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The sauce is a tomato basil sauce with olive oil and garlic. (Conventional, I would say.) However, I am adding some hot Italian sausages. I do have a Syrah, Shiraz and a few Cabs available. What is your suggestion?

Still, generally, what can I match a Cab Franc with. The present Cab Franc that I have is from California and it will my first time trying such. Recently, I had a French Cab Franc (Anjou 2005 Domaine Philippe Delesvaux) without food. Man-alive, I truly enjoyed it and thus, I will be going back for some more soon enough. Nonetheless, I would not know what kind of food to pair with it. Thanks for your help.

quote:
Originally posted by PurpleHaze:
Could work. It probably won't suck, but will depend on the sauce and the spicing of the sausages. Do you have other alternatives? How are you preparing the sauce?

PH
Thanks PH. So the acidity is the key. Next time, I will pair a Chianti. What would you say, in general, is the ideal food pairing for a Cab Franc? -- cuzz, I like it!

quote:
Originally posted by PurpleHaze:
Of the wines you list, the Cab Franc would be the way to go. I think you'll likely get a bit more acidity than from a Shiraz or a Cab Sauvignon. If you can get a Chianti, that would be my choice with this dish. Hope the sausages aren't too spicy.....

PH
I'm not a Cab Franc expert by any stretch, but I'd imagine it's a pretty versatile varietal to pair with. Since it's less tannic than Cab Sauv, it should even match up with heartier poultry. Obviously red meat would work well. The acidity in tomato sauce can be a tough pairing for wines without a bit of noticeable acidity.

PH
Pairing with food is often my weak spot. Still...

If I think of the really, really acidic Chinon I had yesterday, I'm contemplating the fact that more acidity from the wine, added to the high acidity in tomatoes might result in quite a sour match.

With the Bologneselike spaghettis we eat, I prefer something more round and spicy, like a Coteaux du Languedoc with some (a lot of) Syrah.
quote:
Originally posted by Rik:
Pairing with food is often my weak spot. Still...

If I think of the really, really acidic Chinon I had yesterday, I'm contemplating the fact that more acidity from the wine, added to the high acidity in tomatoes might result in quite a sour match.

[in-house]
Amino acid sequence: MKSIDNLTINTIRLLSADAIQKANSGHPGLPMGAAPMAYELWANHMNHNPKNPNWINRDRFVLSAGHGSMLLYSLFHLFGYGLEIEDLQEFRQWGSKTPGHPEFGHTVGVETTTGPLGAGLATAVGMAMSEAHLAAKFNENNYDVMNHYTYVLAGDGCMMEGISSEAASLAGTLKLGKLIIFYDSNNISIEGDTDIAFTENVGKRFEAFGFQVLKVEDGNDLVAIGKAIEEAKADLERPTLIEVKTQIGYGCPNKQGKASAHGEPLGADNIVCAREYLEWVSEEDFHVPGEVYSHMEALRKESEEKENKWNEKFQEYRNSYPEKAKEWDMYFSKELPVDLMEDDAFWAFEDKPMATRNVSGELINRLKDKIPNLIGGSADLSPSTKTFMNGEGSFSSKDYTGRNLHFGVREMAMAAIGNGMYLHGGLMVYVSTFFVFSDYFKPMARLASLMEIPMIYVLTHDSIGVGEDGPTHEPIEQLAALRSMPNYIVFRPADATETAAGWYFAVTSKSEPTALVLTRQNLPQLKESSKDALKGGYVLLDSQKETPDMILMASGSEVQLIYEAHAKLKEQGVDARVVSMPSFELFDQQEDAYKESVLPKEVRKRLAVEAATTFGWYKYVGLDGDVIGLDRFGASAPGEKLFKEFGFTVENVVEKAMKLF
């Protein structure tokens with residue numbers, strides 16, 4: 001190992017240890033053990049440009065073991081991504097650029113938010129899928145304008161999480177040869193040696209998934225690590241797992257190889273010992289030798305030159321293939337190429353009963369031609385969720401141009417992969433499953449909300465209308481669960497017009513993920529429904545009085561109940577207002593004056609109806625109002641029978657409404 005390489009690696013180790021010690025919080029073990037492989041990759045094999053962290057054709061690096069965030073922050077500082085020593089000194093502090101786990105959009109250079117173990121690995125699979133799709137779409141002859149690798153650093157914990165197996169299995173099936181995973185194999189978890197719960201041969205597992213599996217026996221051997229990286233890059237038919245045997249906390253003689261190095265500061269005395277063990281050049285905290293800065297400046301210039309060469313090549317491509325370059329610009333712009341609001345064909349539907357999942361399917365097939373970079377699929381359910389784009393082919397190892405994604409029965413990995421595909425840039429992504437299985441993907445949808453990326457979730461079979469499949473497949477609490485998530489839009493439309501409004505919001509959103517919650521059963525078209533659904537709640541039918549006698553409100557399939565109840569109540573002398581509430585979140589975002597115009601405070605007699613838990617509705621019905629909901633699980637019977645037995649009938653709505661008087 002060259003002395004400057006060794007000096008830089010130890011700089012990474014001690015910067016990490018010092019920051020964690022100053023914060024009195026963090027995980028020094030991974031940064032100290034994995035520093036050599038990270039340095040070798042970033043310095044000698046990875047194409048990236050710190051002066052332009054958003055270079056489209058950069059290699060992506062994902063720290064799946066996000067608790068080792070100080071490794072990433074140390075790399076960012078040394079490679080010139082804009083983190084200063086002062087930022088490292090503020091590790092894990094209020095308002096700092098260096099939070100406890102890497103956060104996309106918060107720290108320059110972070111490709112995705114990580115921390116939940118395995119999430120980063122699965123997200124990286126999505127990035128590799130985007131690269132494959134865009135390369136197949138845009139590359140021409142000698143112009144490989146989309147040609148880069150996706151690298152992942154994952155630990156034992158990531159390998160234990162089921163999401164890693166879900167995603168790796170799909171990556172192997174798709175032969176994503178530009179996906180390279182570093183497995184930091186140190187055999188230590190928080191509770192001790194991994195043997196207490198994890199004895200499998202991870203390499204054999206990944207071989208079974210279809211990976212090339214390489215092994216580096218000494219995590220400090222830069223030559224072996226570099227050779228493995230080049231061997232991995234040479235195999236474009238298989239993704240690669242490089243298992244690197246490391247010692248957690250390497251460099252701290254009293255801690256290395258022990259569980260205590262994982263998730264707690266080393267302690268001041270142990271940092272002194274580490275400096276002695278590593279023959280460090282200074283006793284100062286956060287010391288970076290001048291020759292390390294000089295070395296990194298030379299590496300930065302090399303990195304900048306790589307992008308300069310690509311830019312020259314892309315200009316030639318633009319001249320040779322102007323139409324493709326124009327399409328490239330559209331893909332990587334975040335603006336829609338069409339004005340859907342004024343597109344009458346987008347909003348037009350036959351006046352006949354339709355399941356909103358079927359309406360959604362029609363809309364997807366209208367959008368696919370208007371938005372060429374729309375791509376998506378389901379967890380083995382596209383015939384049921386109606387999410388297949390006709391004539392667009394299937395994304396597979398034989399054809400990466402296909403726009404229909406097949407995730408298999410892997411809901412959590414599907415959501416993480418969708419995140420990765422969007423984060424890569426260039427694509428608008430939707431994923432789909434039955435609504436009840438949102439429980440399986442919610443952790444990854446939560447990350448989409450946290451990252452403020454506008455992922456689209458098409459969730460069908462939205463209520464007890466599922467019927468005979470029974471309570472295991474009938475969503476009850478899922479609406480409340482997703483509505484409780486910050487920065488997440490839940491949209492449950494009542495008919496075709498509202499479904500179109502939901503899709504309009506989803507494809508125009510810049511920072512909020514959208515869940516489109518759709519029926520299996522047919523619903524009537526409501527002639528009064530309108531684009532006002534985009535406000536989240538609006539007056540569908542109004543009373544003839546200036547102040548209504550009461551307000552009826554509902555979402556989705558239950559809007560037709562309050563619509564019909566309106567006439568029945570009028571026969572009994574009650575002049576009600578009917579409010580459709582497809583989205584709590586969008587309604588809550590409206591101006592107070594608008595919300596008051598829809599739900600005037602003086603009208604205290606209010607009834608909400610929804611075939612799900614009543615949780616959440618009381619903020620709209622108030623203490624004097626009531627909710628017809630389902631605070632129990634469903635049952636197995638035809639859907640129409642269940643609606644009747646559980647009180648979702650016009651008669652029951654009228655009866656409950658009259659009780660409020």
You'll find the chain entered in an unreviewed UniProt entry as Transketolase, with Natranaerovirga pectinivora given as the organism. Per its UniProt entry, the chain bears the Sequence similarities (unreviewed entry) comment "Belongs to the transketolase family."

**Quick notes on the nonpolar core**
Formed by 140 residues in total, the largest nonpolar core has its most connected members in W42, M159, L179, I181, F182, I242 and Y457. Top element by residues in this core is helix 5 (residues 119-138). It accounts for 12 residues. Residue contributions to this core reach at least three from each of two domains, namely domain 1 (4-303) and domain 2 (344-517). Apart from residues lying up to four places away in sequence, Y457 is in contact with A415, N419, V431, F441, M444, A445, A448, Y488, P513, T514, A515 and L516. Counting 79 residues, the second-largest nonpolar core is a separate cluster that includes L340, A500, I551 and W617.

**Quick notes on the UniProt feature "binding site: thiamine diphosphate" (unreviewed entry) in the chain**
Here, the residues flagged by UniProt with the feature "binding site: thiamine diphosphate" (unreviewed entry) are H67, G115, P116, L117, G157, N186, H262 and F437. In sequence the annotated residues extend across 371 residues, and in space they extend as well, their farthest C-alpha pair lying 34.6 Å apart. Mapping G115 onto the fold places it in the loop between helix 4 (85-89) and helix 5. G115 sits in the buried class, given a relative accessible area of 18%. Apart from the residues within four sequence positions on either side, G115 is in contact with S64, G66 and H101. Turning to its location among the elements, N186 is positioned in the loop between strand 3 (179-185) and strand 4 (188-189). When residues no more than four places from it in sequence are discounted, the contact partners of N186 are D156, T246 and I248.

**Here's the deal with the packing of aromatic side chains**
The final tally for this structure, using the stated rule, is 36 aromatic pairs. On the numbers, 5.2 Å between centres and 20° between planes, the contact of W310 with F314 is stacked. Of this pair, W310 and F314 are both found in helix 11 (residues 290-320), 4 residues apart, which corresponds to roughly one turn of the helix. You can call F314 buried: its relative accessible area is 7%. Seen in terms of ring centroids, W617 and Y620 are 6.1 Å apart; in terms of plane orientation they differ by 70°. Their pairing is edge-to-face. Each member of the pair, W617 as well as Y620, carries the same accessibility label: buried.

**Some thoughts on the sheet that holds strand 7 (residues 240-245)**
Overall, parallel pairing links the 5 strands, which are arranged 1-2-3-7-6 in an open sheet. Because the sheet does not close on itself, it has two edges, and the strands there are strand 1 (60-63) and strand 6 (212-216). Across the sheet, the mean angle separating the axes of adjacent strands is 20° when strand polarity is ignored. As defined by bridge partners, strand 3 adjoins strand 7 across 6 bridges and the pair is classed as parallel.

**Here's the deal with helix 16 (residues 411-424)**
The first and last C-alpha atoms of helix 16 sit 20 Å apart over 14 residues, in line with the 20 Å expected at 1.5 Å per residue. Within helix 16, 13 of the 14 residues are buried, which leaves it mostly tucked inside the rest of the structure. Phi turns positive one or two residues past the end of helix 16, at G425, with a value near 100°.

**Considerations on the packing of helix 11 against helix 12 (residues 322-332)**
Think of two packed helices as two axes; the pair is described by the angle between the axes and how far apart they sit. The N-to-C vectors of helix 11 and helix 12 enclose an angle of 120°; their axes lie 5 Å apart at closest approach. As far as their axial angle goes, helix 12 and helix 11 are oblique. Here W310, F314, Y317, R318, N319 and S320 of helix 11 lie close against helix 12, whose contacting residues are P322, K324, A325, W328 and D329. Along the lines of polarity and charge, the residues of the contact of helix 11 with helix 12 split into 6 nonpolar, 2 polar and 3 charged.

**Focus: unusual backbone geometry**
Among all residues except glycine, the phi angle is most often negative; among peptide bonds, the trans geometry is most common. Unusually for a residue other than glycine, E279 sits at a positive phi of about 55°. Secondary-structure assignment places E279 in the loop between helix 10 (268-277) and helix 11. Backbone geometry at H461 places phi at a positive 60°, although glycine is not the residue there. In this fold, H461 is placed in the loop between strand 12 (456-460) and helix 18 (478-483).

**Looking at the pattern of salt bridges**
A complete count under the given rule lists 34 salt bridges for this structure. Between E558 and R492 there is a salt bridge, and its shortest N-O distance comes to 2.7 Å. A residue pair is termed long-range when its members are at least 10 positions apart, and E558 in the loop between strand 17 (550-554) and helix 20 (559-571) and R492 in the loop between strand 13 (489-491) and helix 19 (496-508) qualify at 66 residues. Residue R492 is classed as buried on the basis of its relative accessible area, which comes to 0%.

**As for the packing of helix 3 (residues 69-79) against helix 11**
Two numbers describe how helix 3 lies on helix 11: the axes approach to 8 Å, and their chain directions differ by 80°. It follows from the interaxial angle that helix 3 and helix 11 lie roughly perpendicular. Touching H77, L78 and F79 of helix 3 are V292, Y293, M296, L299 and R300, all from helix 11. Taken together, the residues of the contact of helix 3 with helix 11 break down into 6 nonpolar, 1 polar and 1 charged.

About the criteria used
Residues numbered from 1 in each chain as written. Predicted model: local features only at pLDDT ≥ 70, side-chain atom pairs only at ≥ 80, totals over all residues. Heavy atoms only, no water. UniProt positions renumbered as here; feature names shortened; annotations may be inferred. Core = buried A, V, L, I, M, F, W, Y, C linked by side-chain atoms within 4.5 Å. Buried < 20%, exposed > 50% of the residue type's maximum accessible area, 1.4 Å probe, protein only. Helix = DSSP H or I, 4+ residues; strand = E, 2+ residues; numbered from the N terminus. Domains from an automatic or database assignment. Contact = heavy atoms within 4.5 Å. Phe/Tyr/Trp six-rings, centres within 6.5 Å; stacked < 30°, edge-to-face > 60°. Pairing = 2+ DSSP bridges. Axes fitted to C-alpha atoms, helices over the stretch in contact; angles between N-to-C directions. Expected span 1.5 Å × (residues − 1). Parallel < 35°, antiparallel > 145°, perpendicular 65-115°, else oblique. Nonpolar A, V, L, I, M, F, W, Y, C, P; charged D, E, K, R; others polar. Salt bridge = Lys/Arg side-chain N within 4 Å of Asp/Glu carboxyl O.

With the Bologneselike spaghettis we eat, I prefer something more round and spicy, like a Coteaux du Languedoc with some (a lot of) Syrah.


Well, the point is to complement. It's not like you are adding acidity to the tomato based sauce by drinking a sangiovese. You are making the transition between the tomato based sauce "food" and the "wine" much more accommodating. The notice in changes in acidity from wine to food in the mouth will be much less if the acidity of the wine matches that of the food.
Hey PH, I actually took a drive to a local wine tasting room in my community to pick up a bottle of Chianti. Good choice. It worked well. I will save the Cab Franc for some red meat.


quote:
Originally posted by PurpleHaze:
I'm not a Cab Franc expert by any stretch, but I'd imagine it's a pretty versatile varietal to pair with. Since it's less tannic than Cab Sauv, it should even match up with heartier poultry. Obviously red meat would work well. The acidity in tomato sauce can be a tough pairing for wines without a bit of noticeable acidity.

PH
It generally is. The berries are slightly larger and the skins slightly thinner.

It rippens a good couple-few weeks before Sauvignon too, so you're more likely to have riper tannins.

I hear of a lot of producers doing a bleed off in the vat to up the tannin and intensity of Cab Franc so I've got no doubt the finished product could easily match the tannin of a Sauvignon.
How does "bleed off in the vat" work? Do you mean that what remains in the vat is more concentrated, which allows for more tannin extraction? Yeah? Or, am I way off?